3. That traditional advertising, PR & marketing is largely irrelevant given 1 & 2.

I’m certainly not the first to point this out, but it would seem prescient to remind ourselves (especially those of you that are scared) that things are now very, very different than they were even five years ago. People ignore advertising and messages. They find them irritating, and are annoyed when these things are pushed at them. But even in the context of social media, old models persist. At lunch today pointed out that the ads on his MySpace page really bothered him because he didn’t care. They were for companies that he’s not at all interested in. They took up space and were irrelevant and distracting in a bad way. That is the old model in action. Let’s look more closely at how that happened:

  1. Company with an internal marketing team wants to get a message out.
  2. That message is that they are “current, with it, and meaningful to the kids.”
  3. They engage an agency of sorts.
  4. Agency brainstorms and comes up with banner ads. Ugh.
  5. Agency says “You should be advertising on MySpace, where the kids are.”
  6. A big media buy and campaign investment later, it’s lunch conversation for us.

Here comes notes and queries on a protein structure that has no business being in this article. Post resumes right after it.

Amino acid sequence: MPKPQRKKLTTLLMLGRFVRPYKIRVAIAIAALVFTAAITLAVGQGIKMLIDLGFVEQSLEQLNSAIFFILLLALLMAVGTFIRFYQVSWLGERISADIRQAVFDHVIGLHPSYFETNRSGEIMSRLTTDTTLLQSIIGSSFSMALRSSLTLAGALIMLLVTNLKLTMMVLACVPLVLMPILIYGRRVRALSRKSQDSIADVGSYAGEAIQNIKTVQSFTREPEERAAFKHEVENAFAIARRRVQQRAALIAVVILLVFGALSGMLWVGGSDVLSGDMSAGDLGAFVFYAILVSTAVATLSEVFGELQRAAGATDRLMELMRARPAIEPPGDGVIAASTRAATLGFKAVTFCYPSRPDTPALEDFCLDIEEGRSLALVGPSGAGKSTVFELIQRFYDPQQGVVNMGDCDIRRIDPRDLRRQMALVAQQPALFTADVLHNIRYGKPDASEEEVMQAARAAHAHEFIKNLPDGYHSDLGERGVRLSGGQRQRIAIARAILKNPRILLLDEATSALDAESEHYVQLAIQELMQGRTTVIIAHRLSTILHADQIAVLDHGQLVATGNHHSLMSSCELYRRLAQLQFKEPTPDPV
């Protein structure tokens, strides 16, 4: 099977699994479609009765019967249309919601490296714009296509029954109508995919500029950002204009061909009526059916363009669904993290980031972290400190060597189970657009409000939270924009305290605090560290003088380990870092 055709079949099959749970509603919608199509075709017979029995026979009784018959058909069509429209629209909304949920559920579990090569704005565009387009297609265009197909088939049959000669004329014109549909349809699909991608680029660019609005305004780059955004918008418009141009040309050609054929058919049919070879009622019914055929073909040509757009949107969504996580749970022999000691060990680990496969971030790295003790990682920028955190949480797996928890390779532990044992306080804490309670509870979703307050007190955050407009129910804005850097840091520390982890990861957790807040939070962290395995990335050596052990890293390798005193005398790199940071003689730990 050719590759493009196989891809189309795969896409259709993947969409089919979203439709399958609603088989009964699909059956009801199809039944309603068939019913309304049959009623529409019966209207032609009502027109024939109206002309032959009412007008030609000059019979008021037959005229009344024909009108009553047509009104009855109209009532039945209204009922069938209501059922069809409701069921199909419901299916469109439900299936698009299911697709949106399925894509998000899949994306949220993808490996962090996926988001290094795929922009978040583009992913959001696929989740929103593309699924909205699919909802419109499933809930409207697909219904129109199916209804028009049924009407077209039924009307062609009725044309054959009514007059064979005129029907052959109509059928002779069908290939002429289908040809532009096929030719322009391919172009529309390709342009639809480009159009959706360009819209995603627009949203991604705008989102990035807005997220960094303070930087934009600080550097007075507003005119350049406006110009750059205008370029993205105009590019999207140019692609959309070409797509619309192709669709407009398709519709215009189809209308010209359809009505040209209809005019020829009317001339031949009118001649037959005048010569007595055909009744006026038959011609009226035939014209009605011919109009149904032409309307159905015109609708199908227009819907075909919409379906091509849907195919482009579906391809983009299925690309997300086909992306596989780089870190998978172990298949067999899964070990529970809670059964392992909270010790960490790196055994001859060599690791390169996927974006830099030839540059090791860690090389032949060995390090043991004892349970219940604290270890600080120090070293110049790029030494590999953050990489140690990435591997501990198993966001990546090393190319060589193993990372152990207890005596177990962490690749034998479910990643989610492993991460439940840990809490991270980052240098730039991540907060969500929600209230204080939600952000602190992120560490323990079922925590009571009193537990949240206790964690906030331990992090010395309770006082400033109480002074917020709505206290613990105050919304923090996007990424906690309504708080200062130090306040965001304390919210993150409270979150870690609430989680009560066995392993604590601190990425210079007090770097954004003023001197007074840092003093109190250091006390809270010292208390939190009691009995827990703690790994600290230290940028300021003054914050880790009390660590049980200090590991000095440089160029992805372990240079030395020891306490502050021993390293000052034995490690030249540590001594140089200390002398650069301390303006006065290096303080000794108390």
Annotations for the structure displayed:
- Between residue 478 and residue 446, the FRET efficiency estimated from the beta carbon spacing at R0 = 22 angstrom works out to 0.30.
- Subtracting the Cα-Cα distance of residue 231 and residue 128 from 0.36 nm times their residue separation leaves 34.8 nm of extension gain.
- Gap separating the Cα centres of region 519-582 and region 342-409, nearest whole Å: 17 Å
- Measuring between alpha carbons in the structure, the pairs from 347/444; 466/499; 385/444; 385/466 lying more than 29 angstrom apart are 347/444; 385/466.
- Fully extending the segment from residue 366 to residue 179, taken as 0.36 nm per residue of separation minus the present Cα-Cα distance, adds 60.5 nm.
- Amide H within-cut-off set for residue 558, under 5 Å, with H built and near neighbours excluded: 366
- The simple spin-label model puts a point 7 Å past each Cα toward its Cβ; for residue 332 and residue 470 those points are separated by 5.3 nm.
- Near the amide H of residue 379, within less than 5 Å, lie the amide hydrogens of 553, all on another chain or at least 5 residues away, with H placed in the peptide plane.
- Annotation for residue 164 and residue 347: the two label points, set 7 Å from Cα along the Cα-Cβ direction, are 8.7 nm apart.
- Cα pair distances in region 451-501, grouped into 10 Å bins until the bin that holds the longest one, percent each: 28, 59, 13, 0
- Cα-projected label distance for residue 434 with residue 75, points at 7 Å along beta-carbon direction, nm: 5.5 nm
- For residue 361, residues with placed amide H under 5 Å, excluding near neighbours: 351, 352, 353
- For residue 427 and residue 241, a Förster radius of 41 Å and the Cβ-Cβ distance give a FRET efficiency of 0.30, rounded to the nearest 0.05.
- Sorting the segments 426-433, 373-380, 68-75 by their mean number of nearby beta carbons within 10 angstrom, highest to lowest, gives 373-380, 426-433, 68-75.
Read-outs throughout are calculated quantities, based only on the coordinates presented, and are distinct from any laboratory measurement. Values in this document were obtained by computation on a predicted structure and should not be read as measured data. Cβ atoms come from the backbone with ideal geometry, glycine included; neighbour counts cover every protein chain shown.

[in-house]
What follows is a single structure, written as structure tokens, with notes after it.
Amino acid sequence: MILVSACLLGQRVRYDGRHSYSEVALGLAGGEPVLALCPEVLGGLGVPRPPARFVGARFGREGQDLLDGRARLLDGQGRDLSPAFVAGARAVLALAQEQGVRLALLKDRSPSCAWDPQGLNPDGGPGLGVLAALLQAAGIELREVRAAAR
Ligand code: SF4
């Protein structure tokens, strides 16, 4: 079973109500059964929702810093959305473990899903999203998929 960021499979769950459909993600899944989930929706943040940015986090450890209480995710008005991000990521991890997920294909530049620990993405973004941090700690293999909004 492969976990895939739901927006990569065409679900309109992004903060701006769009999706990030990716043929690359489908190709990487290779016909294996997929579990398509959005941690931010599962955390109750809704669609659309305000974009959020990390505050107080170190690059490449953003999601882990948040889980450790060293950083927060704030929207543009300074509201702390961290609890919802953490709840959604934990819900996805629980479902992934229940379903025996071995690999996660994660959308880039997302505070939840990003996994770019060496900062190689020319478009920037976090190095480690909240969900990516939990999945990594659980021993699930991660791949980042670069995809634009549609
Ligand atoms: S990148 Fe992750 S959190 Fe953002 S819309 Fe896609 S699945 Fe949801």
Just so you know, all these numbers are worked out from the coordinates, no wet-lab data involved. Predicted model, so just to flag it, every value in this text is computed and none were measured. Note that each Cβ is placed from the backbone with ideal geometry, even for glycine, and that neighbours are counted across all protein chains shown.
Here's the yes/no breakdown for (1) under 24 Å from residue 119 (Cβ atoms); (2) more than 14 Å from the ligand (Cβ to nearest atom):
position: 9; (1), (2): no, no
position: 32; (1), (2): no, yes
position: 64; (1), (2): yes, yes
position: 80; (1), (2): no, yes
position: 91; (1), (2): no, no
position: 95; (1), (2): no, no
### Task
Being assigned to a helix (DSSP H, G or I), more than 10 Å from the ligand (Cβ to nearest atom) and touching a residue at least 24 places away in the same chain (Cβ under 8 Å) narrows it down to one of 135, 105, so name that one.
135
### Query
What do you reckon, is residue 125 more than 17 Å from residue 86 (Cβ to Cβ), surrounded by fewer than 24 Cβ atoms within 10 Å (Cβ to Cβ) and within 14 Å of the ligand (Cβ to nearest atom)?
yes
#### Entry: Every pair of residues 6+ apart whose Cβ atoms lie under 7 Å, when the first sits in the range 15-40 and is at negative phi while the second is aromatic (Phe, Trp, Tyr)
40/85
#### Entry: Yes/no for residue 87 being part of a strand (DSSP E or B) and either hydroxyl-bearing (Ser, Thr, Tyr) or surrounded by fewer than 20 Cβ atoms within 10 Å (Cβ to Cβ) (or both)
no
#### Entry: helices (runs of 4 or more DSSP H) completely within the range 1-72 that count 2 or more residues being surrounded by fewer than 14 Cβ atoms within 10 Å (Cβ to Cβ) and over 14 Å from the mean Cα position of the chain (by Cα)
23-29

And so it goes. The advent of the internet changed a lot of things, but one thing it really did well was create a communications platform that empowered a lot of people to start talking about their likes and dislikes and about their experiences. It began to connect people in new and meaningful ways based on this talking. Suddenly, what was being said mattered. It came from real people, and felt much more authentic. In most cases it WAS/IS authentic. Suddenly, you could niche down as far as your interests demand and suddenly, advertising, marketing and PR in the traditional sense seemed somewhat less relevant, and sometimes totally irrelevant. Not good for traditionalists in these industries. The internet has allowed us to refine the skill of ignoring everything except that which we are interested in. Going back to those that get it, it would seem the smartest thing to do in these industries is work really hard on connecting people with the information, products, services and companies they are interested in. To help them connect, to support them, to make it easy. For the agency to be the advocate for the audience, which probably sounds totally heretical to some. This is a partnership with audience that is pretty cool, and yet to be really figured out. It won’t be advertising, marketing, or PR when it is figured out… it’ll be something “New.”